Helado Negro: “LFO (Lupe Finds Oliveros)”

Spend enough time browsing forums dedicated to Fender guitars, and eventually you’ll come across the name of Lupe Lopez. An employee at the company’s Los Angeles factory in the 1950s, she worked soldering wires into their iconic tweed-wrapped amplifiers. Over the years, her amps have become prized by collectors, who can identify her meticulous work by the hand-written signature she left scrawled on masking tape inside each cabinet.

Helado Negro’s new song “LFO”—short for “Lupe Finds Oliveros”—pays homage to Lopez in a fanciful thought experiment that pairs the amplifier artisan with the ambient pioneer who developed a philosophy known as Deep Listening. Though they came from radically different milieus, both might be said to represent, in their attention to detail, the quest for transcendence in sound.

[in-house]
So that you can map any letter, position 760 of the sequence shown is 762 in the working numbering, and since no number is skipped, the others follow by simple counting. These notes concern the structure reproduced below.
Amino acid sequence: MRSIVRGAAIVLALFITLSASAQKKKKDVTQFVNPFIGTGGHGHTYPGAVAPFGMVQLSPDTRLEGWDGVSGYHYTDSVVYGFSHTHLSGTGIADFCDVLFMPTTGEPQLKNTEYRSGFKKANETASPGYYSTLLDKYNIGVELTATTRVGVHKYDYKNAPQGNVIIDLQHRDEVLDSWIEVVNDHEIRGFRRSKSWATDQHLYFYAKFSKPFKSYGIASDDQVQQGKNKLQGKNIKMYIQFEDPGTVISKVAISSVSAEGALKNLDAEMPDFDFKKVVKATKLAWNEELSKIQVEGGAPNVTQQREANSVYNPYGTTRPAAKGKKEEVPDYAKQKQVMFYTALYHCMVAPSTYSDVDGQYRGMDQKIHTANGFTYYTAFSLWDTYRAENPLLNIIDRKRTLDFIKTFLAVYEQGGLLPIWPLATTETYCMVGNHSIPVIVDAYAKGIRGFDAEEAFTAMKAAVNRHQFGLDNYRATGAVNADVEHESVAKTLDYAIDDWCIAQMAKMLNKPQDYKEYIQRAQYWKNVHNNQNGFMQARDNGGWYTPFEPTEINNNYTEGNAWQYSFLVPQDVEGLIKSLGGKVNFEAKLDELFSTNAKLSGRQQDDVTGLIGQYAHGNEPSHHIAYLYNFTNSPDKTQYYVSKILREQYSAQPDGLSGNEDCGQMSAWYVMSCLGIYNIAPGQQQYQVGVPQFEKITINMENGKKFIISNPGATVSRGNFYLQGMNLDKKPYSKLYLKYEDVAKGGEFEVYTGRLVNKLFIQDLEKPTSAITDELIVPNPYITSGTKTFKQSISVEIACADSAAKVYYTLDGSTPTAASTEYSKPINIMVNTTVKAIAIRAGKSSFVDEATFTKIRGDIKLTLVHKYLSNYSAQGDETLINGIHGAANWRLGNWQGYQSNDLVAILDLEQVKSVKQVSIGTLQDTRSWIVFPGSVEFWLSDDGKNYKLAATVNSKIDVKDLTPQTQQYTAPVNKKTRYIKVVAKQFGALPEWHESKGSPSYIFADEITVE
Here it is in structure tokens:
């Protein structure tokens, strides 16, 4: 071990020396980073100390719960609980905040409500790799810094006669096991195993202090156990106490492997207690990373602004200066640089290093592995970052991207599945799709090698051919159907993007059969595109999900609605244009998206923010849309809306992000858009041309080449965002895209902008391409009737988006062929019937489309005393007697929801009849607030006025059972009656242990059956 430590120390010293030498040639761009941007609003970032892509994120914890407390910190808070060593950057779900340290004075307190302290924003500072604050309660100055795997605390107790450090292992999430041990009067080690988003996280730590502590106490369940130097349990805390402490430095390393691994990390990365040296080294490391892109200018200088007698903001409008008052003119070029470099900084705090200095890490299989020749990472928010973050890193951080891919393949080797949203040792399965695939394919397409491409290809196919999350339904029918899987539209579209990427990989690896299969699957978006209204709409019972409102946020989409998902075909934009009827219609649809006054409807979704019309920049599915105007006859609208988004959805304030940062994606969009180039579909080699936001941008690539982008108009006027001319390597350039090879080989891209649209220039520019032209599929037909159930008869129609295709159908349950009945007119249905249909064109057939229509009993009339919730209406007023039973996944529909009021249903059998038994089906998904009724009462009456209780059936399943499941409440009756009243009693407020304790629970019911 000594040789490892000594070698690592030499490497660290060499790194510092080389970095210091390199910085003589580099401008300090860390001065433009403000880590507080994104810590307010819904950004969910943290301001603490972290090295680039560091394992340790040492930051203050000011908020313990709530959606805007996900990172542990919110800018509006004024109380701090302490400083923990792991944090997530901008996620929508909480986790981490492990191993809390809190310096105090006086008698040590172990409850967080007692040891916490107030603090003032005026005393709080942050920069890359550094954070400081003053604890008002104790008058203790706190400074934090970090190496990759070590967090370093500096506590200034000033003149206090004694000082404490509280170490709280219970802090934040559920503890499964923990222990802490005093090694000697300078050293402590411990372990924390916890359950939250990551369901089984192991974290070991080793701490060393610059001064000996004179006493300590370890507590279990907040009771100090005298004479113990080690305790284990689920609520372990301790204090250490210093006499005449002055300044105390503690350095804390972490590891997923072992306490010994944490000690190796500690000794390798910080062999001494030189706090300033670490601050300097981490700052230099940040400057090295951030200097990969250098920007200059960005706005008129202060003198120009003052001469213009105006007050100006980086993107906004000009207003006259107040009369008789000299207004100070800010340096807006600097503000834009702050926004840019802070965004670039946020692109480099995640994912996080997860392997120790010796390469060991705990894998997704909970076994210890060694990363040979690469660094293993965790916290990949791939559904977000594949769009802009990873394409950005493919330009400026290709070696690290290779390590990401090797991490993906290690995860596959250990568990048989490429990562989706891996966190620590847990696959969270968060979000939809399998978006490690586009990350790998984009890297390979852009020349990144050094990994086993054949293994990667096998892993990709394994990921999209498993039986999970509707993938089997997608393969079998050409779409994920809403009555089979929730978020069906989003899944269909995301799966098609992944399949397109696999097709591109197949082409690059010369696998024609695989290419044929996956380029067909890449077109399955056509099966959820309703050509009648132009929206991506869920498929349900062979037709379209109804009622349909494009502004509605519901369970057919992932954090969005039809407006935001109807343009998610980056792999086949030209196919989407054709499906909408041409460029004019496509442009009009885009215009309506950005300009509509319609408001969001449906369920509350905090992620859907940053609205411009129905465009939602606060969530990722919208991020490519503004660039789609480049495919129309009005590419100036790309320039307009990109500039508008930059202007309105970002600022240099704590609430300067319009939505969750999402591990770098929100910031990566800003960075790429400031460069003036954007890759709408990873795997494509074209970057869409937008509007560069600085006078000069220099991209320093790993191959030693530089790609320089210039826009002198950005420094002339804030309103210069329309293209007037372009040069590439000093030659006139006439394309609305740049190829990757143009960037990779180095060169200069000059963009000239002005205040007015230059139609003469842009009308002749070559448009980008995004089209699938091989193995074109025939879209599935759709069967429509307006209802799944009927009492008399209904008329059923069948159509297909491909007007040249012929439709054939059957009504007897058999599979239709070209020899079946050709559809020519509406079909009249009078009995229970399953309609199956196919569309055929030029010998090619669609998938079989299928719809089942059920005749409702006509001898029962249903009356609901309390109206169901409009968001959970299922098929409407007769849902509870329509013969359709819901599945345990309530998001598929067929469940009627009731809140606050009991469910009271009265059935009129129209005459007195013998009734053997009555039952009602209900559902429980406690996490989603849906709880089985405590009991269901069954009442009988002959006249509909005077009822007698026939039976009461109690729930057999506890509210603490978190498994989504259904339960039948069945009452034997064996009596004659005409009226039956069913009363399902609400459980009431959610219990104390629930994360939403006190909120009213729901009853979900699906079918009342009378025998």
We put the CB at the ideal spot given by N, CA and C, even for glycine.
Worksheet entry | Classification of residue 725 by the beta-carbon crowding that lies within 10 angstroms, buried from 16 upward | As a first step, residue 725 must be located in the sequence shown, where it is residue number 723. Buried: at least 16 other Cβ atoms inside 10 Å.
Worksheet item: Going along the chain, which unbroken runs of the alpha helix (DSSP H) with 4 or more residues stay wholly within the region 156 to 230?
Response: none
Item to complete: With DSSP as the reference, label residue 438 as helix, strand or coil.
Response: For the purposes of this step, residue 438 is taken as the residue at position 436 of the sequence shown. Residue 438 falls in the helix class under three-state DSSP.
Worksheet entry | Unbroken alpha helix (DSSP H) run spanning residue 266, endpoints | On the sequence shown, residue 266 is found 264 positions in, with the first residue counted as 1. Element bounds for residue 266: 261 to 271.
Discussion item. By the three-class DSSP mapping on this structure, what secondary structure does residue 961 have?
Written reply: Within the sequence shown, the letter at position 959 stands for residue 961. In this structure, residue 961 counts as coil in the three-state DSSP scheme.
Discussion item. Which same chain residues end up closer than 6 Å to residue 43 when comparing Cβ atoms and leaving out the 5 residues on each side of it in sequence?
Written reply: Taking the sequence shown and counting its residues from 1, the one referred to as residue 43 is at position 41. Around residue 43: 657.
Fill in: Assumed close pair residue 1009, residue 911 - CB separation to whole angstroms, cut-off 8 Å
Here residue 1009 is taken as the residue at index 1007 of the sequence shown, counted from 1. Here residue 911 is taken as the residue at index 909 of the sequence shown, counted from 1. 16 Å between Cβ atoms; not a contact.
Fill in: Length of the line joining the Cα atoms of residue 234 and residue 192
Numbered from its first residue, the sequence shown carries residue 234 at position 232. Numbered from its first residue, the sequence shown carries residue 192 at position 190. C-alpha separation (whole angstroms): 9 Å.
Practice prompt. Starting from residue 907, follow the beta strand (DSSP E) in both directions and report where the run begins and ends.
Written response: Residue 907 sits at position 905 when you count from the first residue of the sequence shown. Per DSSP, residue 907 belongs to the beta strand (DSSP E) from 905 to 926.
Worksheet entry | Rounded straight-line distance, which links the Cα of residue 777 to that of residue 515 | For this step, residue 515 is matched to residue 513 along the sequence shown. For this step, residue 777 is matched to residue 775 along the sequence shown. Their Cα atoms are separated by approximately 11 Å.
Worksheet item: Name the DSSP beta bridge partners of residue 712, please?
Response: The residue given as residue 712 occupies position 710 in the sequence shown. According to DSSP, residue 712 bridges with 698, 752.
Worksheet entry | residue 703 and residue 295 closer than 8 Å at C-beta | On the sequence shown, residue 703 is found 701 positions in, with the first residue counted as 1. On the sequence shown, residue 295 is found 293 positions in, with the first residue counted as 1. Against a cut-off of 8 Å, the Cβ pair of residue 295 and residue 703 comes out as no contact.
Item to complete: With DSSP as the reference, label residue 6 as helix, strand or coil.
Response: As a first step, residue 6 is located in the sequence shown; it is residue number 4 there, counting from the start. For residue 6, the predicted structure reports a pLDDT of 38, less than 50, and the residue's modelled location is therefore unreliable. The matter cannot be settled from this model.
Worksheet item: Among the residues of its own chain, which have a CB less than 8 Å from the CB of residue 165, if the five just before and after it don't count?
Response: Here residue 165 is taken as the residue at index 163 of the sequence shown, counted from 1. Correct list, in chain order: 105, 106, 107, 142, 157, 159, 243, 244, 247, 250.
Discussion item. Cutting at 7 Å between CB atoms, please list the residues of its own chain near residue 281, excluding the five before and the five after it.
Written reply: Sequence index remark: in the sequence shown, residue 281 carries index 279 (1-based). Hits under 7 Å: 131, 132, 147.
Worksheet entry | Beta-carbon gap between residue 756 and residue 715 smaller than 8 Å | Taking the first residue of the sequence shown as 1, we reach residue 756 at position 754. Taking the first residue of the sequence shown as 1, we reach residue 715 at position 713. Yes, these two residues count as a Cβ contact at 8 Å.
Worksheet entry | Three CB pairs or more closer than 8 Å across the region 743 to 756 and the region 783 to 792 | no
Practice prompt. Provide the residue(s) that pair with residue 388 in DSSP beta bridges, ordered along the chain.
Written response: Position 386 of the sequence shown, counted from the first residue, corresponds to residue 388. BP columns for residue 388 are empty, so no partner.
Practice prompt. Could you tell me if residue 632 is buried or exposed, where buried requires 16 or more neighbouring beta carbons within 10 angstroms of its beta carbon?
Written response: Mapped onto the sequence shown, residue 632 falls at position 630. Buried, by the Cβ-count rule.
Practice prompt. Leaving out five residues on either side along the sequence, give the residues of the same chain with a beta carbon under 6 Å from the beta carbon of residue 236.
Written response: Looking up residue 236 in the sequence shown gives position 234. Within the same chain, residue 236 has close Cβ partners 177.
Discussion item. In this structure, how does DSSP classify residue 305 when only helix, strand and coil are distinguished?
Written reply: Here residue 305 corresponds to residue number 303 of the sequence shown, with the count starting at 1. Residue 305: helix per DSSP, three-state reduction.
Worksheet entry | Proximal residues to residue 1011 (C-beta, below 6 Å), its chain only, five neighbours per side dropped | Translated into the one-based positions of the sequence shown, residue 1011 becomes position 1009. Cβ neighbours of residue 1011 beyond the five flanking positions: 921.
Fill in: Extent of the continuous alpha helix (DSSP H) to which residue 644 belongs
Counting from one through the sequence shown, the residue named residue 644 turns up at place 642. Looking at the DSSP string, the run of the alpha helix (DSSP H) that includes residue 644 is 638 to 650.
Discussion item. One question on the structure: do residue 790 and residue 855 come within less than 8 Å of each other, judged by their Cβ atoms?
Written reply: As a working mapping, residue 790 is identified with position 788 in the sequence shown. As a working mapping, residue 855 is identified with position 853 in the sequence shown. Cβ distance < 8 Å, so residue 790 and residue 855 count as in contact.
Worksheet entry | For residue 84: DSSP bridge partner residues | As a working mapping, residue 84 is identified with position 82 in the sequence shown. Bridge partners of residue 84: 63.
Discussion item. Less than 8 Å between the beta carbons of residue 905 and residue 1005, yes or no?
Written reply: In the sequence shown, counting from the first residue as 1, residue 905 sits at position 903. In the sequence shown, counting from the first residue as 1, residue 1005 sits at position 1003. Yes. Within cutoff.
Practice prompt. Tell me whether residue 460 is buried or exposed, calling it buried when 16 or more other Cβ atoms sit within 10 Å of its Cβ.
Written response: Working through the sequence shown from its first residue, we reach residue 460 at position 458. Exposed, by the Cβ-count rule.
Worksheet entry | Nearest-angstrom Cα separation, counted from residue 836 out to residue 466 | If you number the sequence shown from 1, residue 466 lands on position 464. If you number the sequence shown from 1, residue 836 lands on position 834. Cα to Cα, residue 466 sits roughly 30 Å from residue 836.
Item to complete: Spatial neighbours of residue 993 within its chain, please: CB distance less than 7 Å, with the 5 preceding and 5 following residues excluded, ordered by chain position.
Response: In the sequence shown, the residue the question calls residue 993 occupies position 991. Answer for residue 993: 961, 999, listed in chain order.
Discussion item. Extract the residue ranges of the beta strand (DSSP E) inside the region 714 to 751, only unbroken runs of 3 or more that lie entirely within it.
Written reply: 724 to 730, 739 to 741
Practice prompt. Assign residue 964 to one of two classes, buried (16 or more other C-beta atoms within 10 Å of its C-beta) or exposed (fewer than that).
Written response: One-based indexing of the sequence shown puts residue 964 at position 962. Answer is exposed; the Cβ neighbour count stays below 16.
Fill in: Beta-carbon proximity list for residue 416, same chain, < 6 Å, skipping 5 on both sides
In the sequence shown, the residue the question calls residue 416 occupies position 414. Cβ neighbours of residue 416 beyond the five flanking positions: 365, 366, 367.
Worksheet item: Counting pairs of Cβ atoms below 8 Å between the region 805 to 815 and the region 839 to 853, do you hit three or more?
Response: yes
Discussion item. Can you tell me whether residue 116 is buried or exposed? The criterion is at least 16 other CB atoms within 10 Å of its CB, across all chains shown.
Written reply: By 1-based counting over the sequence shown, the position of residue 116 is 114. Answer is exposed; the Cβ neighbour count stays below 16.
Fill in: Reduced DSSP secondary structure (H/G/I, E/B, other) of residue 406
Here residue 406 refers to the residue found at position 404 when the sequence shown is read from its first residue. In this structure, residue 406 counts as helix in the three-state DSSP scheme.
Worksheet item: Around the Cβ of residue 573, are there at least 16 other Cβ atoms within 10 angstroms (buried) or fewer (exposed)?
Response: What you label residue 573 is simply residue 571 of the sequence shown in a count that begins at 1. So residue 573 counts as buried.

The song is a big, shaggy psych-rock jam featuring tube-warmed guitars and white-hot tambourines that seem to bleed across the tape—a far cry from the refined dance grooves of Helado Negro’s 2021 album, Far In. Spinning a circuitous, Spanish-language tale of cops and gardens, of a “voice trapped in my skin,” Lange sings a hymn to dissolution before arriving at the song’s triumphant refrain: “Ya sé quién soy”—I know who I am! Both the blown-out breakdown and the blown-mind lyrics suggest lysergic journeys past the limits of reason. Whatever might link Lopez with Oliveros, Lange suggests, it lies here, in the place where the joy of sound swallows the self whole.